You can do this by:

  • reducing compressor pressure
  • identifying and fixing leaks
  • recovering lost heat and using it for space heating

Find out more about efficient use of compressed air systems

3) Use smart technology

This will help you improve productivity and efficiency. Options include:

  • robotics – automated production ensures greater precision and use of assets
  • 3D printing – helps efficient use of materials, extending life cycle of parts
  • digital twin technology – creates digital replicas of assets to avoid producing waste
  • Artificial Intelligence (AI) – uses predictive analysis to optimize productivity and predict inconsistencies

Find out more about smart technology for manufacturing

4) Install high efficiency motors

Electric motor-driven systems often use more power than they need to. Find out how to reduce energy use with high efficiency motors and variable speed drives

5) Remanufacturing

Rebuilding goods out of used materials is common practice in the automotive, energy, aerospace and rail industries.

By restoring end-of-life goods to working order, you can keep the cost of raw materials, energy and water to a minimum. You’ll also have less waste to dispose of.

Find out more from the Scottish Remanufacturing Institute, wherever you are in the UK.

6) Sustainable product packaging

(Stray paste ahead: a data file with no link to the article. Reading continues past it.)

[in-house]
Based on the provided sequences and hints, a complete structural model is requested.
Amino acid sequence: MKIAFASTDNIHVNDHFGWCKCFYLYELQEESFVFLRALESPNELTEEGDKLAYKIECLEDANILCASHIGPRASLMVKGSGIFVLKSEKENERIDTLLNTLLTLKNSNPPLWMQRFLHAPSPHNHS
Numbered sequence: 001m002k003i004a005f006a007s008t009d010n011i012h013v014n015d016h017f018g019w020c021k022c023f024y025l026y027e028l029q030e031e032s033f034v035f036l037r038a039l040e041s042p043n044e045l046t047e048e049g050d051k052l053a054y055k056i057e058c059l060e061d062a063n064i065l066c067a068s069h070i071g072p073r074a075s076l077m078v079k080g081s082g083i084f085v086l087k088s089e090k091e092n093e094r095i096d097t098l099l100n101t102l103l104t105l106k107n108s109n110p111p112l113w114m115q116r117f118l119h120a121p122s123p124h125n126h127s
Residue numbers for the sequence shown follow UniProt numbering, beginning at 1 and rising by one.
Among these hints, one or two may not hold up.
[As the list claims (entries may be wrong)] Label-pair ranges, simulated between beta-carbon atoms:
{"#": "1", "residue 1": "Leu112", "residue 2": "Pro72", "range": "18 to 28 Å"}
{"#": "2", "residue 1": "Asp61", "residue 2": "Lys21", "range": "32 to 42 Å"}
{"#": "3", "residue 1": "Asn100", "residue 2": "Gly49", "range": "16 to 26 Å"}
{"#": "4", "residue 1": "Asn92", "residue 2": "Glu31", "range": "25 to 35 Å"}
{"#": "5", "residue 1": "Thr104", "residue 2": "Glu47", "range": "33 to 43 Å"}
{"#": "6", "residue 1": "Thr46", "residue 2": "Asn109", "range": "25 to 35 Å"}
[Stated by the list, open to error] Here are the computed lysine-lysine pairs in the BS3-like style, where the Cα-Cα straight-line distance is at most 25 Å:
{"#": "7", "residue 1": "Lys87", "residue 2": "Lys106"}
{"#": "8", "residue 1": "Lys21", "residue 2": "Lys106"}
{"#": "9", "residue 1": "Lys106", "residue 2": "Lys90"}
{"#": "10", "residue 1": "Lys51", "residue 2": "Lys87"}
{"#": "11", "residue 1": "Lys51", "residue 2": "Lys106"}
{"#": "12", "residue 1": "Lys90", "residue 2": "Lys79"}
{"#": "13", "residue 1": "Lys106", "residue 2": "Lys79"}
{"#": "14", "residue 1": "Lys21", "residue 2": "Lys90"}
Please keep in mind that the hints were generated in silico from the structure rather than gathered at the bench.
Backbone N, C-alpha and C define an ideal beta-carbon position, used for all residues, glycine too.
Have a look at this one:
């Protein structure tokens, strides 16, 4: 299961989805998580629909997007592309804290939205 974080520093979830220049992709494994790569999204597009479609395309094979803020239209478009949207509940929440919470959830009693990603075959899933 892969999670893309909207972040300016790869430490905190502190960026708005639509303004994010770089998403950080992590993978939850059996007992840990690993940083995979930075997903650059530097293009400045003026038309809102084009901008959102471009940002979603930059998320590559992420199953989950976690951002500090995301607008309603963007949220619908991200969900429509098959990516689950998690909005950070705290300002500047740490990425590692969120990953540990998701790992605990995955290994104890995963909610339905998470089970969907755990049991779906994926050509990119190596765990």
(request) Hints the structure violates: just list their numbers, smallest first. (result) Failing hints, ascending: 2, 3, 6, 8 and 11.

Replace plastic with recycled or compostable substitutes.

Types of sustainable packing include:

  • plant-based packaging
  • edible packaging – made from seaweed extract
  • compostable and biodegradable plastic alternatives
  • plantable packaging – which is made from seeds and can be buried in soil

Find sustainable packaging companies

7) Carbon offsetting

You can offset unavoidable carbon emissions by buying carbon credits. This is where you pay for an equivalent amount of emissions to be removed elsewhere.

8) Reducing transport emissions

Over a quarter of the UK’s carbon emissions are caused by transport. You can take measures to reduce the impact.

If you have employees you could introduce a cycle-to-work initiative or encourage them to take public transport.

Electric vehicles

If you use a work vehicle, you can make savings on fuel costs by buying or renting an electric vehicle (EV). You would be exempt from road tax, congestion charges and parking fees in certain areas.

For easy overnight charging you could install EV chargers at your home or workplace. A government grant scheme covers up to £350 per charging point.

Learn more about reducing the impact of transport

Indirect emissions

To reduce indirect or ‘supply chain’ emissions you need to consider what happens before and after your business provides a service or makes a product.

1) Choose greener ‘upstream’ suppliers and products

  • use suppliers that measure and reduce carbon
  • help your suppliers with carbon reduction projects
  • buy products that take less energy to make, transport and operate

2) Reduce emissions ‘downstream’ of your business

  • make products that take less energy to make, transport and operate
  • reduce water consumption and waste disposal needs
  • make investments in lower carbon financial products
  • give incentives for lower emission activities in leased assets or franchises

3) Certify your supply chain action

The Carbon Trust offers the following verification schemes:

Share your progress

Sharing your progress will help employees and customers feel confident that you’re reducing carbon and moving towards net zero.

You should share your progress once you’ve done both of the following:

  • worked out a benchmark of emissions
  • started to take action

Find out more about how to track and share your progress